When US officials declare that Washington cannot want peace more than Israelis and Palestinians themselves, it’s a clear signal that the game is over — time to turn off the lights and hope for the best.
Hillary Clinton and George Mitchell were the last in a long line of US officials to invoke this assessment as a means to rationalize their failure to bring an end to Israel’s occupation and enable the establishment of a Palestinian state at peace with Israel.
Despite the current crisis atmosphere, we are not there … yet. This is no thanks to Palestine Liberation Organization (PLO) Chairman Mahmoud Abbas (Abu Mazen) and Israeli Prime Minister Benjamin Netanyahu, whose commitment these last nine months appears to be limited to accommodate US Secretary of State John Kerry just enough so as not to be blamed for his failure.
Even this intention, adopted by each in a zero-sum effort to escape Washington’s wrath, appears to have weakened in the escalating crisis precipitated by Netanyahu's decision to postpone release of the last batch of Palestinian prisoners agreed upon with Kerry last July. Abu Mazen's refusal to agree to continue discussions beyond April and his subsequent moves in the direction of the UN despite commitments to the contrary have added to Kerry’s mounting pile of troubles.
Judged solely by the time and effort Kerry has invested, we should have already been at the finish line, champagne corks a-popping. The experience of the last year offers a far different and more depressing story. At every turn, Kerry’s efforts to move the process out of the starting gate have been frustrated. The bilateral dialogue “facilitated” by Kerry appointee Martin Indyk was all but stillborn. Kerry next hit upon a US effort to address Israel’s security requirements in the Jordan Valley, thinking that once his experts completed their plan to make Israel secure on the eastern front in the context of peace, Kerry could move the parties to a discussion on borders. This intention too was frustrated.
Late last year, a framework agreement became the new diplomatic flavor of the month. When that proved beyond Kerry’s reach, the bar was lowered. The new goal was simply a framework for negotiations. The United States and Iran worked out a more comprehensive but similar document in a few businesslike sessions. On the Palestine-Israel front, however, it has been like herding cats — each wanting to go his own way with little concern for the other.
In recent weeks, the target of US efforts has become more modest still — a basic agreement not to walk away from the all-but-barren table Kerry has set with such effort since July.
From the outset, Kerry’s program has enabled both leaders to focus their negotiating efforts bilaterally with Washington rather than across the table from each other. As a consequence, the process has become an unequal contest between Netanyahu and Abu Mazen for winning and pocketing concessions from Washington — on settlements, borders, security, Jerusalem — without creating a workable diplomatic context in which to make progress on a broad range of final status issues.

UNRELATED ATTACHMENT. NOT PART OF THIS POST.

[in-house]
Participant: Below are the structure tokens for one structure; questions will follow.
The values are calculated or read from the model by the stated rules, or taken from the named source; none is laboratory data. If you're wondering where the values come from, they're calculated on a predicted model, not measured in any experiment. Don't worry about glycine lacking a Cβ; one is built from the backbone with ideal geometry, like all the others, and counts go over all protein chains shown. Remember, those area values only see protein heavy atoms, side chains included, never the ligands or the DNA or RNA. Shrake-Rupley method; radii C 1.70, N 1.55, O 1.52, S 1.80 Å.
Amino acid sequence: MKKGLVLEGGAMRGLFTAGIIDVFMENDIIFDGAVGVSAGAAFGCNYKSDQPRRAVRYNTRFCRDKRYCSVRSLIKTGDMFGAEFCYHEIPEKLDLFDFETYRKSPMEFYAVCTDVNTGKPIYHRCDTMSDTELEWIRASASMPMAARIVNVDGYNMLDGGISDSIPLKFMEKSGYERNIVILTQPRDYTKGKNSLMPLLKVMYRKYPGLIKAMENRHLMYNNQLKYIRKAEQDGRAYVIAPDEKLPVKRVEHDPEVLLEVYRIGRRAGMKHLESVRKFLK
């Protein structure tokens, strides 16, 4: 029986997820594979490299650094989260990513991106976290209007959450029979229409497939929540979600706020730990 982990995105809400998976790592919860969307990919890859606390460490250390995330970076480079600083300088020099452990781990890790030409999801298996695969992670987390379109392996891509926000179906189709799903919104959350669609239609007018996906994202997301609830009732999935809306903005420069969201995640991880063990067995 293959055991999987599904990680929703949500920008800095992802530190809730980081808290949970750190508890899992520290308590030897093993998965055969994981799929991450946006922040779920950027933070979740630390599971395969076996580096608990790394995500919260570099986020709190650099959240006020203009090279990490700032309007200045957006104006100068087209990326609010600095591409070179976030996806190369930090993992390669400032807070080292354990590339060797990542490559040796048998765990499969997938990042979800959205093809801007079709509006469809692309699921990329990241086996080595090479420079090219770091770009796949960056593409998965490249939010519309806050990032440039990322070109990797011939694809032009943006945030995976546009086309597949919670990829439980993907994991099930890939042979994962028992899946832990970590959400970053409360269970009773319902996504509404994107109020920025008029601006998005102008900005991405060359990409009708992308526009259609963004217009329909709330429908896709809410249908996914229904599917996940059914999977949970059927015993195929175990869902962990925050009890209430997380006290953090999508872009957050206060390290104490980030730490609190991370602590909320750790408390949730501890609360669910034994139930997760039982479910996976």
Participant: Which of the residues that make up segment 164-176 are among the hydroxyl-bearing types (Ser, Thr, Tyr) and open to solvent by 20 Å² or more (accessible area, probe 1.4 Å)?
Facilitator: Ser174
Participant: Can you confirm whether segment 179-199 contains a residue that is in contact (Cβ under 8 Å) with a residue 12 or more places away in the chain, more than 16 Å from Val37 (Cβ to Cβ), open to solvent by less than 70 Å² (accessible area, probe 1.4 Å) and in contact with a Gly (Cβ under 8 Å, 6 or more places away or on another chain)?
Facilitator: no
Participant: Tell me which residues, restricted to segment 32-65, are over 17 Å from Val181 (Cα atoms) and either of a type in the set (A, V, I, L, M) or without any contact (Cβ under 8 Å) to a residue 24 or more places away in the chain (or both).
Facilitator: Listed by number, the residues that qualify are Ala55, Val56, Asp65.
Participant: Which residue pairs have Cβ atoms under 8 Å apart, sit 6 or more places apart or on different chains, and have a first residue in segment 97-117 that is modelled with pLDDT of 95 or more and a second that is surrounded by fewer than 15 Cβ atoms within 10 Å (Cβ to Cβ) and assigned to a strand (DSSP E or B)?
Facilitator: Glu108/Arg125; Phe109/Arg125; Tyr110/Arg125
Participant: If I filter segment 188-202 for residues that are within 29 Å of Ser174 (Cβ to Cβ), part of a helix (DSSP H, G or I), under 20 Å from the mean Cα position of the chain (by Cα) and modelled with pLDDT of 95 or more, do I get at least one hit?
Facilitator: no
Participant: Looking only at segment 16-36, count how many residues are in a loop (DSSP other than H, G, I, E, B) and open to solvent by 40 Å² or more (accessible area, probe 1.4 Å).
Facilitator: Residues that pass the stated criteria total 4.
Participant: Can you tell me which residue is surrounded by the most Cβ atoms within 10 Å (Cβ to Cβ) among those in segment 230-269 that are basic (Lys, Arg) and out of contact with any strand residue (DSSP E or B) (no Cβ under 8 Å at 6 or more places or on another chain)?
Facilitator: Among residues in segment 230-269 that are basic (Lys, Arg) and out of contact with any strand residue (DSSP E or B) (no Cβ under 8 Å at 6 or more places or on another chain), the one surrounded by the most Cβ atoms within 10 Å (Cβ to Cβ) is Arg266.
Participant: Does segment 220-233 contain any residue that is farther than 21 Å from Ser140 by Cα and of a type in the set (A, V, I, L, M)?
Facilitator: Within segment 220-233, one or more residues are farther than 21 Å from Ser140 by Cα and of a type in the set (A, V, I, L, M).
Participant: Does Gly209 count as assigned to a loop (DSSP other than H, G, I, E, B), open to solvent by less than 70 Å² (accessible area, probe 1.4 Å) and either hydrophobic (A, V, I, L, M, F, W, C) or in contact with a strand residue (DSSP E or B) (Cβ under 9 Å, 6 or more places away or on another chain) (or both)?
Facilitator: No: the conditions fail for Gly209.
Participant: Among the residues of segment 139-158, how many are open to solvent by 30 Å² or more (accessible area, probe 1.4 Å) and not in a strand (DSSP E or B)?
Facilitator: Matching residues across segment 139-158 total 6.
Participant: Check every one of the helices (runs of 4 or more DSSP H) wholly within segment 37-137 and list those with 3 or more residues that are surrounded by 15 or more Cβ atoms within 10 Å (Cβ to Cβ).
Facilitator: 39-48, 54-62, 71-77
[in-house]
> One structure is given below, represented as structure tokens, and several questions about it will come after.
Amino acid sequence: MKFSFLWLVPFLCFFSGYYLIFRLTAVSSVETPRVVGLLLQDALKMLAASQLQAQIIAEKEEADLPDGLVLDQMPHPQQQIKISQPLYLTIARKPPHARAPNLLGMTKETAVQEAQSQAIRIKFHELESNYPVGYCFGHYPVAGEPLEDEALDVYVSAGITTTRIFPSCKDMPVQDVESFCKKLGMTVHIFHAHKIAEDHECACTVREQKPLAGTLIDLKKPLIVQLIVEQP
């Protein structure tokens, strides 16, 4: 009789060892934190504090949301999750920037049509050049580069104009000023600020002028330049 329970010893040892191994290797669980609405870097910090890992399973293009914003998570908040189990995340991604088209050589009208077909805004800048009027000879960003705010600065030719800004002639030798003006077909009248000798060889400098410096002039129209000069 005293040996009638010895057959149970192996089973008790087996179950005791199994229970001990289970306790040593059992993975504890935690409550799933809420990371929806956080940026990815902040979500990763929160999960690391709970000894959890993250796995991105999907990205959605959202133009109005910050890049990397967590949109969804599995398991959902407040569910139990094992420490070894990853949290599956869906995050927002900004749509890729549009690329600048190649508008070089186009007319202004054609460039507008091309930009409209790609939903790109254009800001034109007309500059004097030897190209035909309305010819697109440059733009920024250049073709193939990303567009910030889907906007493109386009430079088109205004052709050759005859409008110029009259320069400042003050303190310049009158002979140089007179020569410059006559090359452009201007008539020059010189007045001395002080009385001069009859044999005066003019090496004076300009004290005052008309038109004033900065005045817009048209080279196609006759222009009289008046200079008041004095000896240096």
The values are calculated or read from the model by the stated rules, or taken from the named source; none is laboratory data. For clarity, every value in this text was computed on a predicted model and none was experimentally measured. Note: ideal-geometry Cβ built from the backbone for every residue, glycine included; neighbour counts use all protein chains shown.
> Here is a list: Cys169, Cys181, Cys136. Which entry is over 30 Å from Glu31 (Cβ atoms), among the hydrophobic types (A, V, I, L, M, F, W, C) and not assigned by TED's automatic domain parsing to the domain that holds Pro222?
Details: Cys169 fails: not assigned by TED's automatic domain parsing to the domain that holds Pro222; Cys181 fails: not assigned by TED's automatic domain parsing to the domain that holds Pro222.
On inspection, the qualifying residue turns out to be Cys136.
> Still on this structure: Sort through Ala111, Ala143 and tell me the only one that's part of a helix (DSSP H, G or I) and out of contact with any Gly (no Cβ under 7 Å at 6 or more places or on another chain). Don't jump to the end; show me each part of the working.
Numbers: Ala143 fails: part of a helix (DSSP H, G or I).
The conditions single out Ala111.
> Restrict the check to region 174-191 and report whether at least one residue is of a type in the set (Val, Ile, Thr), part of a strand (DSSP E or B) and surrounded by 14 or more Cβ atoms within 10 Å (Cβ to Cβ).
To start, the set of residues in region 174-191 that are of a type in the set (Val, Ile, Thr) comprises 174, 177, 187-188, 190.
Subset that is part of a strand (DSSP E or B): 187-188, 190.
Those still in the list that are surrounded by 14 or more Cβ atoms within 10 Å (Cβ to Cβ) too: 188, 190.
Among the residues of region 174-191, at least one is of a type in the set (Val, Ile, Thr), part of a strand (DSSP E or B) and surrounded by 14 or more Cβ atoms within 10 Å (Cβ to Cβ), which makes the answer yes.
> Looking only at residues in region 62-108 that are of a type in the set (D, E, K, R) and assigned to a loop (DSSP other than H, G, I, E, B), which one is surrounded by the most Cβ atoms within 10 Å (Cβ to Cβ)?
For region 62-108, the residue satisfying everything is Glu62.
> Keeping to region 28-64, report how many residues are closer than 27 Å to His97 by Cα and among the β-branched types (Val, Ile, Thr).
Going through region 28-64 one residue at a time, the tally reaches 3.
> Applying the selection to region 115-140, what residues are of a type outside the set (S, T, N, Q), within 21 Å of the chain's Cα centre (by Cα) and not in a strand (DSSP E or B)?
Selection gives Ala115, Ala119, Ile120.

In a brutal contrast to Kerry’s expectations, the tangible burdens of his effort are falling principally on the United States — Washington’s purported offer to free Jonathan Pollard fits neatly into this category. If the parties themselves do agree at all, it is that each believes that the overriding US interest in continuing the process offers them an opportunity to make gains at each other’s — and Washington’s — expense.
Kerry’s outsized effort is seen by the players to have become all but desperate in recent days. On Israel’s Channel 2 news last night, presenter Yonit Levy was incredulous at the offer to free Pollard in return for Netanyahu’s agreement to release prisoners, slow settlement expansion and continue discussions until the end of the year: “For this, Washington is prepared to release Pollard!”
The Pollard offer, which has invited almost universal criticism in the United States, is symptomatic of the predicament Washington has created for itself. Not surprisingly, Kerry’s effort to salvage the talks has encouraged brinksmanship by both leaders. Netanyahu has reneged on his agreement to free 104 long-term Palestinian prisoners in four staggered releases, and has continued what President Barack Obama himself described as Israel’s “aggressive” settlement campaign. Netanyahu’s coalition partners, including members of his own Likud Party, vie with each other to declare that they will not agree to release Palestinian prisoners, even in return for Pollard’s freedom. Even Pollard, the weakest link in this chain, claims that he opposes such a demeaning association.
In the wake of Israel’s freeze in the prisoner release, Abbas, for his part, declared in a rare public broadcast on April 1, that he considers himself free of his obligation not to turn to the UN and its associated institutions to win relief from Israel’s occupation policies.
All of this noise, generated in large part because of shortcomings in the US approach, obscures an essential point that is the indispensable advantage and may yet be the salvation of Kerry and the process he has doggedly pursued. At the end of the day, neither Netanyahu nor Abbas have an interest in walking away from the table Kerry has set before them, especially if as a result they are blamed for Washington’s failure.
Yasser Abed Rabbo, the secretary-general of the PLO, insisted on April 2 that the Palestinians are still in the game. "We hope that Kerry renews his efforts in the coming days," Abed Rabbo told a news conference. "We don't want his mission to fail."
There is still a better than even chance that the players will somehow find a way to kick the ball down the road after Kerry’s nine-month deadline expires at month’s end. This achievement may not be much, but this is where everyone's interests converge.